Menopause brain fog is a thing. That’s what my friend Laura told me over breakfast earlier this week. I wasn’t convinced. I thought perhaps she was just being nice, so I Googled it as soon as I got home. She was right. It’s a thing. Thank God for that!

I feel like I’m living in a perpetual state of chaos. How about you?

If you’re peri-menopausal or in the first year of post-menopause, you, like me, may be suffering from menopause brain fog. Not sure what I’m talking about? It’s like this: Everything just feels messy. When I say everything, I don’t just mean the kitchen cupboards, hallway closet, and stacks of unfiled paperwork on my desk. I mean EVERYTHING — especially my head.

It’s as if I’ve suddenly reached capacity. My brain seems unwilling to absorb new content and struggles to access old information. More and more frequently, I find myself standing there, mouth agape, thinking, ‘HUH?’ It reminds of the time some good friends tried to teach me how to play Euchre, but back then I had an excuse. I was blind drunk. Not anymore. Nowadays, just one glass of wine is enough to throw me into a hot flash frenzy. I’m sober. Sober come stupid.

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I can’t even pretend to be intelligent.

I’ve never been one for retaining facts, but I’ve always thought of myself as having ample common sense. Right now, however, sense is highly uncommon. For example, just last week, I wondered, out loud, what food group the chestnut belongs to. “Well, it’s a nut,” said a friend of mine. “Yes, but is it a vegetable?” I asked.

Think that’s bad? What’s even worse is the fact that vegetable was the only food group I could come up with at the time. I racked my brain for the others, but it kept spitting out ‘vegetables, animals and minerals.’ Clearly, instead of opening the nutrition drawer in my brain, I reached for the one containing long-buried memories of my brother performing the Major-General’s song in his high school production of The Pirates of Penzance:

I am the very model of a modern Major-General,
I’ve information vegetable, animal, and mineral,
I know the kings of England, and I quote the fights historical
From Marathon to Waterloo, in order categorical;

I find myself easily overwhelmed.

Tasks that I once undertook effortlessly, like emptying the dishwasher or taking out the garbage, don’t get done without me giving myself a little pep talk. ‘Come on Viv. You’ve got this.’ Even thinking about what’s in my purse stresses me out. Seriously. It’s the weirdest thing. It’s not that I’m disorganized. I can tell you exactly what’s in there right now:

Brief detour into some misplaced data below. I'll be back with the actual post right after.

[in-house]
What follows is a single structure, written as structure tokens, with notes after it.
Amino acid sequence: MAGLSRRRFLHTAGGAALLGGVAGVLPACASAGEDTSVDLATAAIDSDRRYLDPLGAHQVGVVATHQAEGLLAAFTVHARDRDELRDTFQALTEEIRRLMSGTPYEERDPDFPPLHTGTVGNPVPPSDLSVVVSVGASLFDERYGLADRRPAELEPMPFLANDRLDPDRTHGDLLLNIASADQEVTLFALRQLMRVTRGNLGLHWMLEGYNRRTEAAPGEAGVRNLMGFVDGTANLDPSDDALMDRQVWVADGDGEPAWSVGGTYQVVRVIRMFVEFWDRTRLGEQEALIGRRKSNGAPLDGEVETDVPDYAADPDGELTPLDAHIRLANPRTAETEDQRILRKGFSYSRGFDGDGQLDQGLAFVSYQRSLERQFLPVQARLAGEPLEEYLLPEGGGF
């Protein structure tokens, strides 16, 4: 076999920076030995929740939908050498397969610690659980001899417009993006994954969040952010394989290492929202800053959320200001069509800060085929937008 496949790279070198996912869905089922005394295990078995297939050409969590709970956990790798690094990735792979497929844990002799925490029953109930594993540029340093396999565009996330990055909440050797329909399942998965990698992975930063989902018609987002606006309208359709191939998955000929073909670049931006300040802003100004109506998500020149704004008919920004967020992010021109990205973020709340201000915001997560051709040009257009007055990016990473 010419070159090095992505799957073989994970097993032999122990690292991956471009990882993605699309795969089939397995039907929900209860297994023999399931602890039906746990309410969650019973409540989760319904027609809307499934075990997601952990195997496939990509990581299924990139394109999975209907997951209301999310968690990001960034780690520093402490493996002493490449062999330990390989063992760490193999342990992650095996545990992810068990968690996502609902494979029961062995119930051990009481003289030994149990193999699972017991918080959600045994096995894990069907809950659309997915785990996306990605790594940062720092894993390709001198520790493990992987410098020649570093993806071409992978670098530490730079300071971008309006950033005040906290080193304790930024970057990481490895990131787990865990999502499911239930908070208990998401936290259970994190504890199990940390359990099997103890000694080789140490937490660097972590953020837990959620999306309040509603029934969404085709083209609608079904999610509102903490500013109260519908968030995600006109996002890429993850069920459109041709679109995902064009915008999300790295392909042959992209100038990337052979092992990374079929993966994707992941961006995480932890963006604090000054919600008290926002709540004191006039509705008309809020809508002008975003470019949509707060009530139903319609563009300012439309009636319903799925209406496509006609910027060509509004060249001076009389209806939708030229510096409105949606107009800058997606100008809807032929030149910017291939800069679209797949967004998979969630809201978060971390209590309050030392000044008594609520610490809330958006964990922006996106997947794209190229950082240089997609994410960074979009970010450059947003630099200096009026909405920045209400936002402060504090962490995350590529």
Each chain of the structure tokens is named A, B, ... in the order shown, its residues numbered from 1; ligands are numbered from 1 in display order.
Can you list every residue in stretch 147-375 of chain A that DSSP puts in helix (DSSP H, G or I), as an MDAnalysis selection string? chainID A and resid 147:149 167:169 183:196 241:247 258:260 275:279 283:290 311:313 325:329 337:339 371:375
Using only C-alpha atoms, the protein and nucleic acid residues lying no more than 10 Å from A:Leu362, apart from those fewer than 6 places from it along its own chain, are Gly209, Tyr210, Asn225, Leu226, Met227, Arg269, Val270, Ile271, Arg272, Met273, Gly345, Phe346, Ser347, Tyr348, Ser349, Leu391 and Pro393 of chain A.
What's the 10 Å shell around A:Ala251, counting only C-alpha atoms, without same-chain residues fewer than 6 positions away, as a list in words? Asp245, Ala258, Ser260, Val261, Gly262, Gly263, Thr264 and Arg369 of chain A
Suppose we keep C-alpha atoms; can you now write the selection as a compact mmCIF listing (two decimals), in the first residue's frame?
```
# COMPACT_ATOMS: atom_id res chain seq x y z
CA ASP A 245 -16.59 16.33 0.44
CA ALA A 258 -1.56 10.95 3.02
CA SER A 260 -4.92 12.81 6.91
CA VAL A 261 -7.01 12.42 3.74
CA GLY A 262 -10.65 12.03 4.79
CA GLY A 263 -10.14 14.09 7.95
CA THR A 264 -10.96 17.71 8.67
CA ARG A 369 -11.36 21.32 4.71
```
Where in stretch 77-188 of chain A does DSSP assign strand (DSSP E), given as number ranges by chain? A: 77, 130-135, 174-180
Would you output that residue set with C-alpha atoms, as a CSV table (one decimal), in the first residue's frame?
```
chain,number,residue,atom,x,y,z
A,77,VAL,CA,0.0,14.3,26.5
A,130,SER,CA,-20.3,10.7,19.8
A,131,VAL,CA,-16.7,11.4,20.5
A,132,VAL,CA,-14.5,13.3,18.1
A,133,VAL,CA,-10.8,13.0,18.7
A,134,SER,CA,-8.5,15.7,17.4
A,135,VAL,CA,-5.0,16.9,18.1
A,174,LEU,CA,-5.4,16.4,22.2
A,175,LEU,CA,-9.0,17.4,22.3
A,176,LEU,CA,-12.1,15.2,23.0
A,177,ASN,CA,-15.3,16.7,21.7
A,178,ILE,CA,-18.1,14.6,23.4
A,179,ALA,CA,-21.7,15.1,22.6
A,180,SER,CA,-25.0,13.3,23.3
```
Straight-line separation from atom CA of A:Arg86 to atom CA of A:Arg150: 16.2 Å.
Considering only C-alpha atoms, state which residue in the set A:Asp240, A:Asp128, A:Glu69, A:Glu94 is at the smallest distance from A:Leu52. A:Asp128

• wallet
  • car keys
  • lipstick
  • advil
  • iPhone
  • charger
  • vape
  • gum
  • passport (I’m currently on an airplane bound for NY)

It’s not the contents themselves that stress me out; rather, it’s the fact that I know what the contents are. It’s as if a force bigger than me has decided that this information is essential, it must be retained, and apparently I’m the one for the job. Frankly, this feels like way too much responsibility. Also, what if I need to solve a problem later and I can’t because the brain power required has already been allocated to this stupid task?

What causes menopause brain fog?

According to research, menopause brain fog is caused by fluctuating hormones — in particular, estrogen, progesterone, follicle stimulating hormone, and luteinizing hormone. Apparently, these bad boys play a role in the way we think, and when we’re in the peri- or early stages of menopause, they tend to go a little nuts. Subsequently, so do we!

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According to one menopause cognition study, areas of impact may include:

  • verbal learning
  • memory
  • motor function
  • attention
  • working memory tasks

Are you experiencing memory issues? It’s important to practice due diligence. Learn how to tell the difference between menopause-related memory lapses and dementia.

What can, and should, you do about menopause brain fog?

You could talk to your doctor about hormone replacement therapy but that has a number of side effects. Before going that route,  I’d try and tackle it naturally. Make sure you’re getting enough rest, minimize stress as best you can, try balancing your hormones with natural, herbal remedies. Here are 5 natural ways to beat the fuzzy thinking caused by menopause brain fog.

Based on my own experience, I’d also suggest educating the people you’re close to. While this brain fog of mine is proving to be a source of great comedy for those near and dear to me, it’s unquestionably frustrating. My husband nailed it when he said, ‘it sounds like anxiety to me.’  He’s right. That’s exactly what it feels like.

While understanding the source of your brain fog may be comforting, it doesn’t take away the reality of your experience. If you were suffering from stress or anxiety under any other circumstances, you’d want your loved ones to show some compassion, right? So explain what you’re going through and let them know you could really do with some extra love and care.

If you’re not quite there but close enough, I suggest you buckle up. You’re in for one helluva ride 🙂

Viv for today xo


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